New Glucose-Monitoring Patch for Regulating Diabetes
For millions of those with diabetes, the most unpleasant part of their life is to perform daily blood tests to keep their blood sugar in check. Every day they have to endure the finger-prick pain because there hasn’t been a better way to monitor the glucose levels.
But, it seems that these problems are coming to an end. There is a new adhesive skin patch that can help monitor the blood sugar. Researchers have created an adhesive patch that is non-invasive, and is supposed to monitor the blood sugar levels through the skin.
It doesn’t require patients to take a blood test. This new device has the potential to get rid of the need for those with diabetes to always carry out painful blood tests.
Here is everything people need to know about this latest glucose-monitoring patch.
The Glucose-Monitoring Patch for Regulating Diabetes
This new adhesive patch doesn’t require diabetics to pierce their skin. Instead, it draws out the blood sugar from the fluid located between the cells across the hair follicles. These cells are all individually accessed with the help of tiny sensors that use small electric current.
Once the blood sugar has been collected in the small reservoirs, the device measures it. If necessary, the readings can be taken every ten to fifteen minutes. If we don’t need that many regular check-ups, the adhesive patch can also be used every several hours.
Because of all the reservoirs and sensors that this patch contains, it doesn’t require a blood sample. In other words, there is no need for diabetics to prick their finger to monitor their blood sugar.
Who Is Behind This Patch?
One research team from the University of Bath have published their device in Nature Nanotechnology.
The team hopes to eventually make this wearable sensor a low-cost device and a clinically relevant blood sugar measurement that can be wirelessly connected to a smartphone. This way, it will keep the wearer informed about the changes that are happening in their body, alerting them if an action is necessary.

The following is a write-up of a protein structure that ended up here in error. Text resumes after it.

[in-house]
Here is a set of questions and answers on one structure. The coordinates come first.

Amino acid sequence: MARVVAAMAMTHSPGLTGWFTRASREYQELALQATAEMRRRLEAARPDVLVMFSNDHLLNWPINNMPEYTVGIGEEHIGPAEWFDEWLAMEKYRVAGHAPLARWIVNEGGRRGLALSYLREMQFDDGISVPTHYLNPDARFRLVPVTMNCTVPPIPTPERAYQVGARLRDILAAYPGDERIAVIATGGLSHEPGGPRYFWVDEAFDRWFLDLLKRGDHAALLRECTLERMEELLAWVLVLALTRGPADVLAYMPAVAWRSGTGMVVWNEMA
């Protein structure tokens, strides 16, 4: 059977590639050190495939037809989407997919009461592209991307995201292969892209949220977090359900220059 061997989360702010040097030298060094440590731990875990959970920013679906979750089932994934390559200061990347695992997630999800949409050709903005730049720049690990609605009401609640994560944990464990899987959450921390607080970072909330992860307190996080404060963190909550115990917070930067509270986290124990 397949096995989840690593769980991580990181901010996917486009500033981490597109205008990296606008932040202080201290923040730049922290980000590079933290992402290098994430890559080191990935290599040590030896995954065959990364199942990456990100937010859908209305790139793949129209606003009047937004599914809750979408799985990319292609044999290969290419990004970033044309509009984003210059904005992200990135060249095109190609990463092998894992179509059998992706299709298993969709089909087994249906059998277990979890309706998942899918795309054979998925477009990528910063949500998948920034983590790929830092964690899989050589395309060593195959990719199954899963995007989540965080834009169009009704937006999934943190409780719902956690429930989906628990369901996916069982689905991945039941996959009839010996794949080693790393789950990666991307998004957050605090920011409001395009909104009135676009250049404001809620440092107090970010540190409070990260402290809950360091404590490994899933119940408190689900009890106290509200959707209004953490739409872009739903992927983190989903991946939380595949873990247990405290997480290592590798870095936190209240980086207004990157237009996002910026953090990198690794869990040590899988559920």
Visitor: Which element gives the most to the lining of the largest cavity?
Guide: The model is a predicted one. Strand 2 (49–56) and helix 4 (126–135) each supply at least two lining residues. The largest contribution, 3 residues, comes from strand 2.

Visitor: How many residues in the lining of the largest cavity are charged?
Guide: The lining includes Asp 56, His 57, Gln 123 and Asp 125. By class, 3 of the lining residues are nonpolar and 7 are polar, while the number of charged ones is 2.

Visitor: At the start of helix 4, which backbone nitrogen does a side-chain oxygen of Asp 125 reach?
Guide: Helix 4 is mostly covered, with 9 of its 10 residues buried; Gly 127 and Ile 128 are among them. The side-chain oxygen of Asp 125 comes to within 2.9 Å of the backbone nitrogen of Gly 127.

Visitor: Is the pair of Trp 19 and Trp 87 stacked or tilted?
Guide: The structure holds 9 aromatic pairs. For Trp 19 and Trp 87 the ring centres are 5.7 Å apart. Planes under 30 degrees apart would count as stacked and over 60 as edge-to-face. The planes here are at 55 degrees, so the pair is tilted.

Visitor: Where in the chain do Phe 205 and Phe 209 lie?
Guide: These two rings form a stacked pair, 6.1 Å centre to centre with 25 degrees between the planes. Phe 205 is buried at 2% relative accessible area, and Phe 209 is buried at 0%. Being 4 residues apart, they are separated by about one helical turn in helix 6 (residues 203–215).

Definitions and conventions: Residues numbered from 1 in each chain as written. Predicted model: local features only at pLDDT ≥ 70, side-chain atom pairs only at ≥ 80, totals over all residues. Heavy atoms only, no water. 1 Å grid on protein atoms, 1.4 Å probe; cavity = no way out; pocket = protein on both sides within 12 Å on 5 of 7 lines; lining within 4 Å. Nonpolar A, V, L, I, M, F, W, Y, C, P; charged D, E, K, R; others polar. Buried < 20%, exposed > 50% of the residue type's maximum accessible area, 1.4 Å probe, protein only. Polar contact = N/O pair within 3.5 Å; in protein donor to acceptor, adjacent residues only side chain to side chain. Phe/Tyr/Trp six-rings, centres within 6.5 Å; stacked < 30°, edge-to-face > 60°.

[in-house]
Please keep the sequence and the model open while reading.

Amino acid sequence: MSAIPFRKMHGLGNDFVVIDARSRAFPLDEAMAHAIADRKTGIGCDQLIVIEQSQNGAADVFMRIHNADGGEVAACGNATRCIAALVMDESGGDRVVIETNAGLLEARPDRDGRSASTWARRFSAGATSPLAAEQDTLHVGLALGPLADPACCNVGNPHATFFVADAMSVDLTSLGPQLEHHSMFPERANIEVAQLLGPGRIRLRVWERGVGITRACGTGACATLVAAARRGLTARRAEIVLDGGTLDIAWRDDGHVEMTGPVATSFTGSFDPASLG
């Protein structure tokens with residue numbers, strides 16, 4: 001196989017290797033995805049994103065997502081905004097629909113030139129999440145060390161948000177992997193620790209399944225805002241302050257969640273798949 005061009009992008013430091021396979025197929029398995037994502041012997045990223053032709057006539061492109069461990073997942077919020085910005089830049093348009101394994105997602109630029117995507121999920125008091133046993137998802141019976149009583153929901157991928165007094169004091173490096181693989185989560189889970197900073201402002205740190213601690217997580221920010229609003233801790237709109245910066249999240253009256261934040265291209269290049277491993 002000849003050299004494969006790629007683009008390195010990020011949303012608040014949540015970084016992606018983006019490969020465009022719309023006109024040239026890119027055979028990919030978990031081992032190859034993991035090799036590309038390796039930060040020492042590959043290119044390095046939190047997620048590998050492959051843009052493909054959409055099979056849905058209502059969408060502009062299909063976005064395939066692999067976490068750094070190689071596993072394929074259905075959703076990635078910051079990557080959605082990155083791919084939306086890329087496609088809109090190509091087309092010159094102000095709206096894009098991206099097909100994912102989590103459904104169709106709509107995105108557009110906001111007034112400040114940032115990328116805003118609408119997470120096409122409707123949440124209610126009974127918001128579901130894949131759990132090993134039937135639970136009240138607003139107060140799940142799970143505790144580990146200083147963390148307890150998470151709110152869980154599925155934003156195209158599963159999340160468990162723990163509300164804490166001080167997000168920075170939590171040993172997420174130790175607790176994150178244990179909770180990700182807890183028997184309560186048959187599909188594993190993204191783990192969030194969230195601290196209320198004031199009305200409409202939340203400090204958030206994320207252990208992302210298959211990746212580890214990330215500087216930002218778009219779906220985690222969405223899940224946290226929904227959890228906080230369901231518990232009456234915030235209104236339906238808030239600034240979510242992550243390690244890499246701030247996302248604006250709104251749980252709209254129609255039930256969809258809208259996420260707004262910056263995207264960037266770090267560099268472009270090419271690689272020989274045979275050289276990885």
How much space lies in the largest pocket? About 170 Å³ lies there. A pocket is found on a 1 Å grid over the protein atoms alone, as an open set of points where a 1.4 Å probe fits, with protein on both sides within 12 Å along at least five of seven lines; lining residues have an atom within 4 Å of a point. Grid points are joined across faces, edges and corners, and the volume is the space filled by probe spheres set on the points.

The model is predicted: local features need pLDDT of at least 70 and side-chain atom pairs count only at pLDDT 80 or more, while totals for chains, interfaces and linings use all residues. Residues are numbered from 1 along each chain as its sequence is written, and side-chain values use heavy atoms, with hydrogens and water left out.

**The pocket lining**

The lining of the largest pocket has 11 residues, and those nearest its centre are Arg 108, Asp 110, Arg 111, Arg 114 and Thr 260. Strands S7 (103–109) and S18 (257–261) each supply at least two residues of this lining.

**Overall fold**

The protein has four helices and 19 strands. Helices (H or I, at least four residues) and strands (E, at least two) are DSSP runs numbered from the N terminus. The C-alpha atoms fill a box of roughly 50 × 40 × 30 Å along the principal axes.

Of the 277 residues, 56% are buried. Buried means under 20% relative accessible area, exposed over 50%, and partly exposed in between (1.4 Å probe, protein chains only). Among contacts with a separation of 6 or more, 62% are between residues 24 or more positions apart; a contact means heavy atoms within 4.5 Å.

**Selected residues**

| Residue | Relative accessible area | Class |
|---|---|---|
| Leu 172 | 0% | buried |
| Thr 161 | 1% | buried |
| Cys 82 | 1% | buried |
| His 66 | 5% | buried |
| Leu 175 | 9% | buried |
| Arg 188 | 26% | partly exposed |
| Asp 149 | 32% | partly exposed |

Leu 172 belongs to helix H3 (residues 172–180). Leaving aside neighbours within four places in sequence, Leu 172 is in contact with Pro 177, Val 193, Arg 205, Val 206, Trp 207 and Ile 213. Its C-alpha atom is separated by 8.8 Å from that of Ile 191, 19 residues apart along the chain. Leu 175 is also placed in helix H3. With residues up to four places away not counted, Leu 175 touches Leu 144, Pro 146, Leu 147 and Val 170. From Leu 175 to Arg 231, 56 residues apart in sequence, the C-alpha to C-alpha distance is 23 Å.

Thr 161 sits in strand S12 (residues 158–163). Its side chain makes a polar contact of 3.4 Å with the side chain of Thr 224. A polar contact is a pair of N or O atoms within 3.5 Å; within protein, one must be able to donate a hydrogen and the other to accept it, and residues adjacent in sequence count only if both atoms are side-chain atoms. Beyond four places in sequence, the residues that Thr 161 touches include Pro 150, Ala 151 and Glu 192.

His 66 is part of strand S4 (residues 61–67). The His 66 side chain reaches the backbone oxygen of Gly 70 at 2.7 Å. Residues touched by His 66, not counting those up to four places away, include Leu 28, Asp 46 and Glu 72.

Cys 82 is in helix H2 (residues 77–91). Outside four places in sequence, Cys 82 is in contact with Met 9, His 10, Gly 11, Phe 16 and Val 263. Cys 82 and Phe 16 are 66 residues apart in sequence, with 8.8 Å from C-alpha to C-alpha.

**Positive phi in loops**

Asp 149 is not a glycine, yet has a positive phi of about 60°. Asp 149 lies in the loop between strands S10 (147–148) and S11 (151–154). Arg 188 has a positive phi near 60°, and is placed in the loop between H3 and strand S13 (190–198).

This amazing project is a multidisciplinary cooperation between researchers from the Departments of Chemistry, Physics, Pharmacology, and Pharmacy at the University of Bath.
A professor from the Department of Pharmacology and Pharmacy, Richard Guy, stated that this needle-less and non-invasive method to monitor the glucose has proven difficult to achieve. The closest that researchers have been is having to calibrate the device for at least one finger prick.
In other words, they had to at least take one blood sample to monitor the blood sugar levels. Eventually, the researchers at Bath hope to make this device a truly calibration-free method for keeping diabetes in check.
This, in turn, can help people better manage their condition. Dr. Adelina Ilie, from the Department of Physics, stated that the unique structure of the device allows for a calibration-free operation.
This device has the potential to allow realization with many different materials in combination.
The Unique Features of the Device
This device has crucial advantages that can prove immensely useful for those with diabetes. Firstly, it is incredibly flexible, conductive, and strong. Plus, it has the potential to be a cheaper alternative that is also environmentally friendly.
To confirm the effects of this device, the researchers tested it on both pig and human skin. It showed great precision and accuracy when monitoring the blood sugar levels in human patients with diabetes.
Also, the patch can be used to track blood glucose variations in healthy human patients.
More Testing Required
The next steps in refining this product include proper optimization of the number of sensors in order to demonstrate its full potential and functionally over the span of 24h. Also, more clinical trials are necessary before it becomes widely available.
If this method truly becomes 100% functional, it has the potential to become the best monitoring pain-free device for the blood sugar levels.
This device is funded by the Medical Research Council, Engineering and Physical Sciences Research Council, and Sir Halley Stewart Trust.